HC Deb 19 April 1882 vol 268 cc924-44

Order for Second Reading read.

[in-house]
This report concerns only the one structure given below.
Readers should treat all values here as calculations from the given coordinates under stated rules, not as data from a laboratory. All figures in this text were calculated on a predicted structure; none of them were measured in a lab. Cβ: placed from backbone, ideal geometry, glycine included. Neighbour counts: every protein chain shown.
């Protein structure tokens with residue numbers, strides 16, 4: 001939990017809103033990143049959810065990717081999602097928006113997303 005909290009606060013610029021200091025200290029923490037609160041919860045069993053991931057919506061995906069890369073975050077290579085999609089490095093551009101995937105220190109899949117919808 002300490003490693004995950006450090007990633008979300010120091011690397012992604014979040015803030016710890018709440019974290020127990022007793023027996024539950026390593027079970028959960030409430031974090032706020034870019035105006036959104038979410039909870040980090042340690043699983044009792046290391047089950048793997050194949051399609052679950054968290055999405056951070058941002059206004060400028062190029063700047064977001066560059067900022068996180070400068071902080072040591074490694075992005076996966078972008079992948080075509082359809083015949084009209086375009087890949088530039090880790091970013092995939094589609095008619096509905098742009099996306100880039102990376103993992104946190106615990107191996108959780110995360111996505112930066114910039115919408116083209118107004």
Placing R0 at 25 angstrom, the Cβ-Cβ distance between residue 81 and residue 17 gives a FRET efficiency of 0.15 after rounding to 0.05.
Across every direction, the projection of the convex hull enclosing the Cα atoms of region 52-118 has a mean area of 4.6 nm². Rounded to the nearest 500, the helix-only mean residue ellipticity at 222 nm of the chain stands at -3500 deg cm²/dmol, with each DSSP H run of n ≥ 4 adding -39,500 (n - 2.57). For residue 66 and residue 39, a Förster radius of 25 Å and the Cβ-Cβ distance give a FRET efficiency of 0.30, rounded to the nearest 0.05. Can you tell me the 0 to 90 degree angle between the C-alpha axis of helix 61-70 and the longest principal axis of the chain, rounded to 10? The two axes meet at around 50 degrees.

, in moving that the Bill be now read a second time, said, the Bill would introduce two useful changes in the system of electing Poor Law Guardians in Ireland. In the first place, it proposed that the elections of Poor Law Guardians should be every three years, instead of annually, as at present. This was most desirable, as it was very inconvenient to have an annual election, from the excitement that took place. Besides, the expense of electing these officers would be greatly diminished by allowing them to hold office for three years. In the second place, the Bill proposed to substitute the ballot for the existing method of election by voting papers. He contended that it was, on all hands, acknowledged that the ballot was the better way of taking the sense of the electors, and he could not see why the system should not be applied to elections of Guardians as it was in every Parliamentary and Municipal contest. There were very many serious evils connected with the present system of sending out voting papers to be delivered and collected by the police at the houses of the electors. Without making any insinuations against the police, it was undoubted that in many cases these voting papers were tampered with. If the ballot system was adopted, it would do away with all this irregularity. He did not see that there was anything proposed by this Bill to which anybody could make any serious objection; and he was therefore at a loss to know what the hon. Member for Londonderry (Mr. Lewis), who had put down a Notice in opposition to it, could advance to justify the action he had taken. It was not necessary to make any lengthened observations in support of so simple a measure, and he would therefore merely move its second reading.